(509a) Interstitial Fluid Pressure Modulates Gene Expression in Engineered Models of Breast Tumors

Piotrowski, A., Princeton University
Nelson, C. M., Princeton University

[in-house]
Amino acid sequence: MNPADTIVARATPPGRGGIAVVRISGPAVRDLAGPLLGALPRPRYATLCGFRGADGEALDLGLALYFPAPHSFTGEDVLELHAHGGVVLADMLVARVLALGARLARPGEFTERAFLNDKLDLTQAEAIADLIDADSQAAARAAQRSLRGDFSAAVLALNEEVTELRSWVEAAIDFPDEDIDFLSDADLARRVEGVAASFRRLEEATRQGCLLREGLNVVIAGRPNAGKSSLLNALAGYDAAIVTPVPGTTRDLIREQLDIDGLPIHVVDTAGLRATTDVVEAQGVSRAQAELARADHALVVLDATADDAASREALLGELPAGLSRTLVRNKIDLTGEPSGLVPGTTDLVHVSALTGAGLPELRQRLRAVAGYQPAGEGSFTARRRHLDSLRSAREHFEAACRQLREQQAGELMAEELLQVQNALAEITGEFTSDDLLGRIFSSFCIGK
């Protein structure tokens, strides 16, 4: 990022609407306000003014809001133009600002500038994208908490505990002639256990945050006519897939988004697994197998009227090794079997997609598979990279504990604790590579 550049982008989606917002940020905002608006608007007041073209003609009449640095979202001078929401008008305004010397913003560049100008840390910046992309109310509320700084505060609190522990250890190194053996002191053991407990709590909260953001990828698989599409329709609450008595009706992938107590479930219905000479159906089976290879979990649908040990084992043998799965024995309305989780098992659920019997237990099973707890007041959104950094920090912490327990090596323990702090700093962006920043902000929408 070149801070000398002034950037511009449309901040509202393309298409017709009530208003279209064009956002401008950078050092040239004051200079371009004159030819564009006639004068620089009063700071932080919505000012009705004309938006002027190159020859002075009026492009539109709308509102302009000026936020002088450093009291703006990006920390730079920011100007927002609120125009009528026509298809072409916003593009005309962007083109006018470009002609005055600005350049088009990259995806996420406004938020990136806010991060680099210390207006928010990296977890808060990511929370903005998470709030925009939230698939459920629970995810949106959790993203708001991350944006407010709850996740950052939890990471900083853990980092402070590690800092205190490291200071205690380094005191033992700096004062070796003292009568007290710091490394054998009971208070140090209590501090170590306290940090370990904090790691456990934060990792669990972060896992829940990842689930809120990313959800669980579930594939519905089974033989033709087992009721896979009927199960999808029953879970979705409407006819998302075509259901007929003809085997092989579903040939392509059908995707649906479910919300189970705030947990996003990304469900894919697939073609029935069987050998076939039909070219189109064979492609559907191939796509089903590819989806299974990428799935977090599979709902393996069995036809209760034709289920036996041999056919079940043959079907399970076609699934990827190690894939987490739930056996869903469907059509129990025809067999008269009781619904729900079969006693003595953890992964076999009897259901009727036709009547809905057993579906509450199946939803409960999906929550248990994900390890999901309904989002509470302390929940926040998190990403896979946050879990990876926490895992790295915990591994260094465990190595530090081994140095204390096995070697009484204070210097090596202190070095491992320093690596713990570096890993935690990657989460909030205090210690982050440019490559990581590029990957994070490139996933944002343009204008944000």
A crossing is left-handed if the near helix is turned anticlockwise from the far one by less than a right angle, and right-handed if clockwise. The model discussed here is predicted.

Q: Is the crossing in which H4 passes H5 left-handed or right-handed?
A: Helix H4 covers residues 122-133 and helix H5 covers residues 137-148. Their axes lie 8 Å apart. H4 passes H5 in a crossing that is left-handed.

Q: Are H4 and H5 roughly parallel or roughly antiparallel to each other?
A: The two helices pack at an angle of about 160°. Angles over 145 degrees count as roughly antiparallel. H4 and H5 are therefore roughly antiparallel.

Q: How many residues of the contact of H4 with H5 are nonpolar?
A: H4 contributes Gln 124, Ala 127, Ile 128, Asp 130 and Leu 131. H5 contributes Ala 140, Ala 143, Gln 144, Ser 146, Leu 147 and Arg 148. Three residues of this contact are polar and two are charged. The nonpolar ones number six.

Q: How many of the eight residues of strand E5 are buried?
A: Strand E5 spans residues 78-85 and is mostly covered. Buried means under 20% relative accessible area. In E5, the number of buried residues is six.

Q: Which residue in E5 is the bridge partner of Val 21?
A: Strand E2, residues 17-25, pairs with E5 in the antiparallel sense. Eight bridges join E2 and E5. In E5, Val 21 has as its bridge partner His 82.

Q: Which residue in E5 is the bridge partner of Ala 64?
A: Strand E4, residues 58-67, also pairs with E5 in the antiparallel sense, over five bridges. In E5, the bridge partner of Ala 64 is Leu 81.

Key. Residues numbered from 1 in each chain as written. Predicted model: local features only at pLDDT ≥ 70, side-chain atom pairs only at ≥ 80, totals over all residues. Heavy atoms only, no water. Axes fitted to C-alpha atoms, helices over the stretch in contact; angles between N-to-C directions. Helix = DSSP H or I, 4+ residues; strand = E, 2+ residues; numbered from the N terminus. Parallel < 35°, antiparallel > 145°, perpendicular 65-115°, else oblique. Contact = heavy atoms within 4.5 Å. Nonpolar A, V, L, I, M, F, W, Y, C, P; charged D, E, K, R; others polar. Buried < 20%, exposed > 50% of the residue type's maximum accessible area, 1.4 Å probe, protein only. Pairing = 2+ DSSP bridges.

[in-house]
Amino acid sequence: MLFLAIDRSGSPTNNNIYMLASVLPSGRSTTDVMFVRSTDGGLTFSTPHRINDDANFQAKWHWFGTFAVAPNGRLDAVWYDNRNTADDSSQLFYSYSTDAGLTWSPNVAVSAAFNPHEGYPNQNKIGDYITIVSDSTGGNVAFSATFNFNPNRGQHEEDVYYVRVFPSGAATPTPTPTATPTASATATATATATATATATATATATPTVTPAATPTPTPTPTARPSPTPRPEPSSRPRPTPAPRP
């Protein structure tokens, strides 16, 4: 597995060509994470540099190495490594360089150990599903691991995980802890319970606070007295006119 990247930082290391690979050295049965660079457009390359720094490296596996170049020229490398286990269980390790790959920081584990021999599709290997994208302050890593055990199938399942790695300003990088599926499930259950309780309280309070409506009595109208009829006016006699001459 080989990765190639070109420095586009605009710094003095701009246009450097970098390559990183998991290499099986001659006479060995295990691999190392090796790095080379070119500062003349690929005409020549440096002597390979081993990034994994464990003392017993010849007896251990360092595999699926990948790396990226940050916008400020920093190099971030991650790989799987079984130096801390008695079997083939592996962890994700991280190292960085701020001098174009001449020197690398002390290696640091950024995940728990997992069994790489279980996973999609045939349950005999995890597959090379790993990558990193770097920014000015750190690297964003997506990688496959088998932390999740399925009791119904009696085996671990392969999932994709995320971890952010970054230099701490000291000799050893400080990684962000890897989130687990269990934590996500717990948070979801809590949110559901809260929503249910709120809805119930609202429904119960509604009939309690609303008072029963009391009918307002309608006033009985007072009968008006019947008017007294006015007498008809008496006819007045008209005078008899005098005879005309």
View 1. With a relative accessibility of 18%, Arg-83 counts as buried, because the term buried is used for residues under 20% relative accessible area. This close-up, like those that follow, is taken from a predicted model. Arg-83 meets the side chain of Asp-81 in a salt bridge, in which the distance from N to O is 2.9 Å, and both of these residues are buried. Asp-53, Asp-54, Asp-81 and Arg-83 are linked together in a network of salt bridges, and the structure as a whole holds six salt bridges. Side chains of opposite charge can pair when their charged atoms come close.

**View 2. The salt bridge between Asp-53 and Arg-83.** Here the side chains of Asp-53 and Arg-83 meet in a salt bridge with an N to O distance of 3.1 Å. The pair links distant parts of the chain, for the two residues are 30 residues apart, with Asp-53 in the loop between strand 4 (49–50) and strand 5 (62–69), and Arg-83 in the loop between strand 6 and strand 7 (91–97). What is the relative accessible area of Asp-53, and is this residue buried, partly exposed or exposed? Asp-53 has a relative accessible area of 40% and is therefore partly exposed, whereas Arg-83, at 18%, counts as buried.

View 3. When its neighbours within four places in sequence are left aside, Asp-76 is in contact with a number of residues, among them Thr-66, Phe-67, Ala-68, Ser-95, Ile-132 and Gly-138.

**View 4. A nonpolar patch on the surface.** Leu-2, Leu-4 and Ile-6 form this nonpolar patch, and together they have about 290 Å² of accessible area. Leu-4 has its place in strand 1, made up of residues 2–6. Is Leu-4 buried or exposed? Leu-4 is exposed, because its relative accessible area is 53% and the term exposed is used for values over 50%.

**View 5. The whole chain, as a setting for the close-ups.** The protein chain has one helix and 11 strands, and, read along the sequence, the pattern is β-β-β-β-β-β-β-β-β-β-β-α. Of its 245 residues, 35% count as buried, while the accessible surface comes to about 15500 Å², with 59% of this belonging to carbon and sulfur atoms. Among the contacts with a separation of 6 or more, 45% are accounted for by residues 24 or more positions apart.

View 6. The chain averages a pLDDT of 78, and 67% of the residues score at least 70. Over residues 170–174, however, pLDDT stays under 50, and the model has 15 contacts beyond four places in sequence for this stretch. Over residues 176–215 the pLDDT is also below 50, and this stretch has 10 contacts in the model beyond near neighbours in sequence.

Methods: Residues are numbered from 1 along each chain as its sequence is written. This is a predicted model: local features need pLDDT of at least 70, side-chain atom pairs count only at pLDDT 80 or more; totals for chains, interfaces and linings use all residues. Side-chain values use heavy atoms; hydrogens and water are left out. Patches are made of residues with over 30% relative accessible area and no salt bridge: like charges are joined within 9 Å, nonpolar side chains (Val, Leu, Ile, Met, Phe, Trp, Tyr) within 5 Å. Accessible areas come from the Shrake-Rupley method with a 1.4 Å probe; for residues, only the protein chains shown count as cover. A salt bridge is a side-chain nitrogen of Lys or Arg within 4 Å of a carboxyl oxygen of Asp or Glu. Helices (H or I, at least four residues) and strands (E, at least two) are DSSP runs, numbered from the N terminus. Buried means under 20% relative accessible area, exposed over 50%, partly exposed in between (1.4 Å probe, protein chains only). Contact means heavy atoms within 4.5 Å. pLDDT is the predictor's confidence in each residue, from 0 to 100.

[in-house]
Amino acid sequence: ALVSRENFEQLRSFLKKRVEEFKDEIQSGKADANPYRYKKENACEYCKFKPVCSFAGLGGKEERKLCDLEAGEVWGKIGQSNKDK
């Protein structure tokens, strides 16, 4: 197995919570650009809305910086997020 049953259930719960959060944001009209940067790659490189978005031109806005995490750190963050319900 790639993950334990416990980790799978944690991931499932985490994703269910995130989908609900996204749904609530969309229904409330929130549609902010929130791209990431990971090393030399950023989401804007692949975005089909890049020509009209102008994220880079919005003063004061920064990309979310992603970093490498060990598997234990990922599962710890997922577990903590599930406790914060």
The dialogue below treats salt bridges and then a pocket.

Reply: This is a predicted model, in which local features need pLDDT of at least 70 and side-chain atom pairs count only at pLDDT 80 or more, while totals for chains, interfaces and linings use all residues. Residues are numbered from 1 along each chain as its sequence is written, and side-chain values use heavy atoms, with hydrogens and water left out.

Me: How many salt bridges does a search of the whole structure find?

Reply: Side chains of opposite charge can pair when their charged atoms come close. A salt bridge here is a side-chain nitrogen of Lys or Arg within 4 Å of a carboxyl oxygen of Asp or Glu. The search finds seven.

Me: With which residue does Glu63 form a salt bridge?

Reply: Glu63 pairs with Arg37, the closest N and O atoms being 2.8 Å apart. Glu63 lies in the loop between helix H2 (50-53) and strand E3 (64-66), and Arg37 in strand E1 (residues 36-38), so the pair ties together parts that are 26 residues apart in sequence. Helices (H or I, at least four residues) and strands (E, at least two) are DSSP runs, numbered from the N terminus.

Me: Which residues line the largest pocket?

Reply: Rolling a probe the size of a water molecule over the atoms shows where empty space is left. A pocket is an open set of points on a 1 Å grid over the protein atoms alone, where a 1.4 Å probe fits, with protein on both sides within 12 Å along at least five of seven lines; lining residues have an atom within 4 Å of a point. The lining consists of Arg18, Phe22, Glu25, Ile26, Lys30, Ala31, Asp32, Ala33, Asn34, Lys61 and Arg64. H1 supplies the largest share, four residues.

Tumor development alters the normal cellular processes that maintain tissue integrity and homeostasis, and introduces changes to the tissue surrounding the tumor as well as the tumor cells themselves. Moreover, tumorigenesis and invasion are regulated by both the physical and chemical properties of the interstitial microenvironment. Here, we examined the effects of interstitial fluid pressure (IFP) on the expression of both epithelial and mesenchymal genes in engineered three-dimensional (3D) aggregates of MDA-MB-231 human breast cancer cells. We found using experimental analysis and finite element computational models that the pressure-induced convection of tumor-conditioned media from the base to the tip of the cell aggregate controlled the invasive phenotype at the tip. This suggests that IFP affects the migratory and invasive phenotype of cancer cells. It is therefore likely that IFP affects the expression of genes related to the invasive phenotype. Mesenchymal gene expression in particular is expected to be altered by IFP.